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What is a hero? What constitutes heroism? Who is worthy of the label?  I suppose it's all relative.  People tend to have heroes who reflect those values that they themselves hold.

Ghandi, MLK, Rosa Parks, Jackie Robinson pretty much undisputed heroes. People who unquestioningly took big risks to accomplish big goals. People who may have been flawed and necessarily imperfect and human, but who nonetheless risked life and limb to make a statement, to achieve progress, to elevate an ideal.

I think motivation matters in who I consider a hero. But that's me.

And then we have the curious case of Snowden.  A man whom we know little about. A man who's background and motivations are questionable or at the very least, unclear and muddled, who did something that may or may not have been heroic. Personally, I'm undecided about it at this point. But what I find interesting is the rush of certain people to immediatley seize upon this man and lionize him as some incredible hero.  This man who we know very, very little about.

And yet there seems to be a pretty clear correlation (at least on this site) between the group that lionizes Snowden and the group of people who seem to be the most upset with our Government and in particular our President.

I've been accused of being an "Obamabot" or a cheerleader and frankly it's never bothered me.  I don't really care about those labels. I'm more than willing to admit I like Obama and admire him a great deal. In fact, I'd even be willing to go as far as to consider him a personal hero of mine.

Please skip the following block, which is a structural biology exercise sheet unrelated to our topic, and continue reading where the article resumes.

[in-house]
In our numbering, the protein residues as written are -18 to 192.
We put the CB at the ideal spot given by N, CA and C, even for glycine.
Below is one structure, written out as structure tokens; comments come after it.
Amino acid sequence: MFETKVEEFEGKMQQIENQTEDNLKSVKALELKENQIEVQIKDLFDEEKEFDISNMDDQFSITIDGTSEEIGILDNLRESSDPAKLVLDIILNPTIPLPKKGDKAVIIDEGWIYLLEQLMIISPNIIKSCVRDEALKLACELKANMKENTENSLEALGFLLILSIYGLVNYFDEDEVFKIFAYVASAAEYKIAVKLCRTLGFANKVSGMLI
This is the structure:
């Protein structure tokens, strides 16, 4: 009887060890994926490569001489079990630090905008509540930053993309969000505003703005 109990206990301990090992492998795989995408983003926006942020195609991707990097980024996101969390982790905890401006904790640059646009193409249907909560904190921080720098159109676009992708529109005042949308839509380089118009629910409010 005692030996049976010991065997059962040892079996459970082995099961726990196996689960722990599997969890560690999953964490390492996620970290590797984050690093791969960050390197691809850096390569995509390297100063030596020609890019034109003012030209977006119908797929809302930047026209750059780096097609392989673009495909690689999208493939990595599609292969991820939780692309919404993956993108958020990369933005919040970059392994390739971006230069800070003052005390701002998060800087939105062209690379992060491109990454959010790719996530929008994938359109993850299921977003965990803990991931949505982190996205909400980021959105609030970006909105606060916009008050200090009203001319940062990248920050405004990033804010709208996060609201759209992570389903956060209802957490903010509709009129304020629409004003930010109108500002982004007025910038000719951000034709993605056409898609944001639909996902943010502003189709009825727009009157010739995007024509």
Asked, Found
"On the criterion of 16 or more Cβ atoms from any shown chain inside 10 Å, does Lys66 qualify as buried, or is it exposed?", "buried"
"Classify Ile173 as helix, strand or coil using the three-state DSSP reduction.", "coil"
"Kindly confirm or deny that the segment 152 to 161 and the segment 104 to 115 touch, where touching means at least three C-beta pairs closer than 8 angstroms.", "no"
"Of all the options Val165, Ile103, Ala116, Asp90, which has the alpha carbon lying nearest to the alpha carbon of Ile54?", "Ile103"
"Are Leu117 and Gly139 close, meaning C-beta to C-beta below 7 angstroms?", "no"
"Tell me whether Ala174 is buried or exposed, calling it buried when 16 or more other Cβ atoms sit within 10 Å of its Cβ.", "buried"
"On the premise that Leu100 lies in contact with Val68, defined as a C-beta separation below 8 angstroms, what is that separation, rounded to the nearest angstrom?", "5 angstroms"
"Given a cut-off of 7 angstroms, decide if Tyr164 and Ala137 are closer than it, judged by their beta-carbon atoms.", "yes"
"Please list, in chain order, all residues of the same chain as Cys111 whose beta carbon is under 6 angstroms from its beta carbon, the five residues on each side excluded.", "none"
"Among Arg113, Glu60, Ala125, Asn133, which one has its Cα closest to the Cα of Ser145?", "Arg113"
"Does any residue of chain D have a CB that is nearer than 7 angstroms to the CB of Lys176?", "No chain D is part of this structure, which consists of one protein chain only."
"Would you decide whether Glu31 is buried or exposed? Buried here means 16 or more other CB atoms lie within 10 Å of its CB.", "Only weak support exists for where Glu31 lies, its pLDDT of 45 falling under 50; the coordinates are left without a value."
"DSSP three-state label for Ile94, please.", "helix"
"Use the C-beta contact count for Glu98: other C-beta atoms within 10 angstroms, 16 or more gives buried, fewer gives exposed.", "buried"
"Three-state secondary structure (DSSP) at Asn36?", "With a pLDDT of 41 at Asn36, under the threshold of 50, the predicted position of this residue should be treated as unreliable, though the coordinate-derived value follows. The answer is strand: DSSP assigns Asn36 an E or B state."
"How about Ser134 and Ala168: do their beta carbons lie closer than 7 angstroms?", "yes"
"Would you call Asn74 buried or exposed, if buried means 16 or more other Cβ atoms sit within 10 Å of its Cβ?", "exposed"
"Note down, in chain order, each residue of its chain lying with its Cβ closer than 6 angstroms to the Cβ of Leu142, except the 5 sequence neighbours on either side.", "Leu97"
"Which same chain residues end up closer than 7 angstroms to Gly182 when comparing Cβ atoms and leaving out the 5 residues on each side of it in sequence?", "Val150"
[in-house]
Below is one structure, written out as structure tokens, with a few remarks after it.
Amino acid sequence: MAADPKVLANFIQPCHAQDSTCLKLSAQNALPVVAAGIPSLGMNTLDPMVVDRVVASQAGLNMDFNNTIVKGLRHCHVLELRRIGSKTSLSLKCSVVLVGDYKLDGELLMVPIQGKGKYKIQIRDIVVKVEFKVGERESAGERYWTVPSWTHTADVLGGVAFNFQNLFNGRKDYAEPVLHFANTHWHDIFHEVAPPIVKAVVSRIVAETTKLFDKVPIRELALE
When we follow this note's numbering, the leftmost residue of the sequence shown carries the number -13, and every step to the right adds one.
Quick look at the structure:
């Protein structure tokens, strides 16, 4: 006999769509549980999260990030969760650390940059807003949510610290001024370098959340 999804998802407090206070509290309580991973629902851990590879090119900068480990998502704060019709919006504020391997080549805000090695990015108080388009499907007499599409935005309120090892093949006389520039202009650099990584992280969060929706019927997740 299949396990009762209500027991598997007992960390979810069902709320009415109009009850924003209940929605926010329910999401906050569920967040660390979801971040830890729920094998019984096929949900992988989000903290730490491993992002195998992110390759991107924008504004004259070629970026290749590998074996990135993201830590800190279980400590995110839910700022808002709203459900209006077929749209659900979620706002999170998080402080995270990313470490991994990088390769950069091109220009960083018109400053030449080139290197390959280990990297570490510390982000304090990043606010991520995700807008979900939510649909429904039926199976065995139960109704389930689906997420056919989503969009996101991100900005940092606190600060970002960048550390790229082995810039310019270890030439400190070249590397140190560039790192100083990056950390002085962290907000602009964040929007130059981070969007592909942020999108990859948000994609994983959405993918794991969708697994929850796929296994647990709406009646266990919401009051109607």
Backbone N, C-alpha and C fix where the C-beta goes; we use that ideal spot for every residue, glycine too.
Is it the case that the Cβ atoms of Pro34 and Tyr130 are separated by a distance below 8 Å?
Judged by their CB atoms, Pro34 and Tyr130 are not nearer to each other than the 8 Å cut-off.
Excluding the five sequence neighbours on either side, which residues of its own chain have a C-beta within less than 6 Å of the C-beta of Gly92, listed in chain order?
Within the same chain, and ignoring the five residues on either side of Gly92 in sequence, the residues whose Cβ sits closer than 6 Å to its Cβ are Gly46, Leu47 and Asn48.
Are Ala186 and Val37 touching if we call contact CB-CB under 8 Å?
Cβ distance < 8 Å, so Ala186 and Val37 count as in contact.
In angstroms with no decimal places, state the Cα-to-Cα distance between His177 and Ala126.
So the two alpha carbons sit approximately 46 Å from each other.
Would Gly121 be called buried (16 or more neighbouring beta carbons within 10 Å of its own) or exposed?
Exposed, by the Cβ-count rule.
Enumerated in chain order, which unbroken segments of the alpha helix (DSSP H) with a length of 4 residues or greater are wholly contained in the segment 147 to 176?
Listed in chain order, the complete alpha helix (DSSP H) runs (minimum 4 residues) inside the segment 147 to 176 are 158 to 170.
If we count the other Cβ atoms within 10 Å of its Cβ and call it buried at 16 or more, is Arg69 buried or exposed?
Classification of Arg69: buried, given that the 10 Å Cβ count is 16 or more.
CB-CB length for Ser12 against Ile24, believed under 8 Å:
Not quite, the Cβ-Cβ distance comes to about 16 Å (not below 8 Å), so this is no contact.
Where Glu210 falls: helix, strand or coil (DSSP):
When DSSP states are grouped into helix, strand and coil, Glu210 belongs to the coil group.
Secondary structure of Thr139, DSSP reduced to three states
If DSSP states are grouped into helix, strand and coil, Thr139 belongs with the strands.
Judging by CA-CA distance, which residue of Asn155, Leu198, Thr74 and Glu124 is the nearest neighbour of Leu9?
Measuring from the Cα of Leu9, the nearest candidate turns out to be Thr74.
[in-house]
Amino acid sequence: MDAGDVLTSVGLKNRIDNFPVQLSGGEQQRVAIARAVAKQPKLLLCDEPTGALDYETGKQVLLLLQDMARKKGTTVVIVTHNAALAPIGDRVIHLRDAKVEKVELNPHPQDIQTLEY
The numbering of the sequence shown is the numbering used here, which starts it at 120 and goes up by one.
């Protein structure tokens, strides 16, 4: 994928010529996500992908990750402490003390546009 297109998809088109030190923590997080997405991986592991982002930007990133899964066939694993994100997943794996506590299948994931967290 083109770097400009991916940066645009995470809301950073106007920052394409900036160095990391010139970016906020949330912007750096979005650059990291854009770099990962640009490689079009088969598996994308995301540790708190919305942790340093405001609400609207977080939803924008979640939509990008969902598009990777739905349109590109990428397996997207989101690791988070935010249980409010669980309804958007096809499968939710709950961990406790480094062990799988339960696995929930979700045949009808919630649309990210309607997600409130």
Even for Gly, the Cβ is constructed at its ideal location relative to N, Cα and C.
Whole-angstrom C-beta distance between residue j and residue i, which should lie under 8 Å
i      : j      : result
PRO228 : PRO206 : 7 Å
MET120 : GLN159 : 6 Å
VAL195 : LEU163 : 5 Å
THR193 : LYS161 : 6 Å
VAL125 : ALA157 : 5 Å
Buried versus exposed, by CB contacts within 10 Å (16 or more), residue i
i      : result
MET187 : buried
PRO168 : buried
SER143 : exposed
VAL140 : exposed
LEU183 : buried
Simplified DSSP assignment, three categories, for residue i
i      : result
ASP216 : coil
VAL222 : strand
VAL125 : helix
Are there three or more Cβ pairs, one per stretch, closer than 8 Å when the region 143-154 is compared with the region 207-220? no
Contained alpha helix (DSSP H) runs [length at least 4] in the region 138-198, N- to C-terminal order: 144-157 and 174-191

When I was kid my dad used to tell me about Jackie Robinson. He had a picture of Robinson above his desk. Robinson was a big hero of my dad's and one day I asked him why? And he explained to me what it was like for Robinson. The courage and the poise it took for him to play baseball in those days. The level of hate and vitriol that he had to endure.  When I was younger, while I understood the words my father told me I didn't really "get it" and it wasn't until Obama became President that I got it. Boy did I get it.

And so I see in Obama that same courage, that same poise, that same steadfast determination in the face of extreme hate. That's heroic to me. Furthermore, I know the man's history. His humble beginnings, his hard work and dedication, his helping his community, his commitment to service and of course his brilliant and unprecedented political success.

These are admirable accomplishments, IMO. A life that is filled with service, dedication and resolve. Is it perfect? Of course not, far from it. No one is. But personally, it is the WHOLE  of a person that I think should be used to judge their character. Not a slice, not a moment, but their life taken in totality. Obama's life, we know a great deal about, or at least I feel I know enough about to view him as a heroic figure.

Now Snowden on the other hand, aside from this one act, which can arguably (though debatedly) be called heroic, what else do we know? How can we measure his character? I guess I just find this rush to lionization odd. It's so quick, so rash, IMO that it seems more reaction that deliberative. More emotional than reasoned. It's odd to me to latch on to a hero so quickly having so little information about the person who is being lionoized.

And for the record, this is not to distract or muddy any argument about NSA surveillance. I find that discussion healthy and important. I'm just fascinated with this psychosocial dynamic of "heroism" and the totems we choose to represent it.

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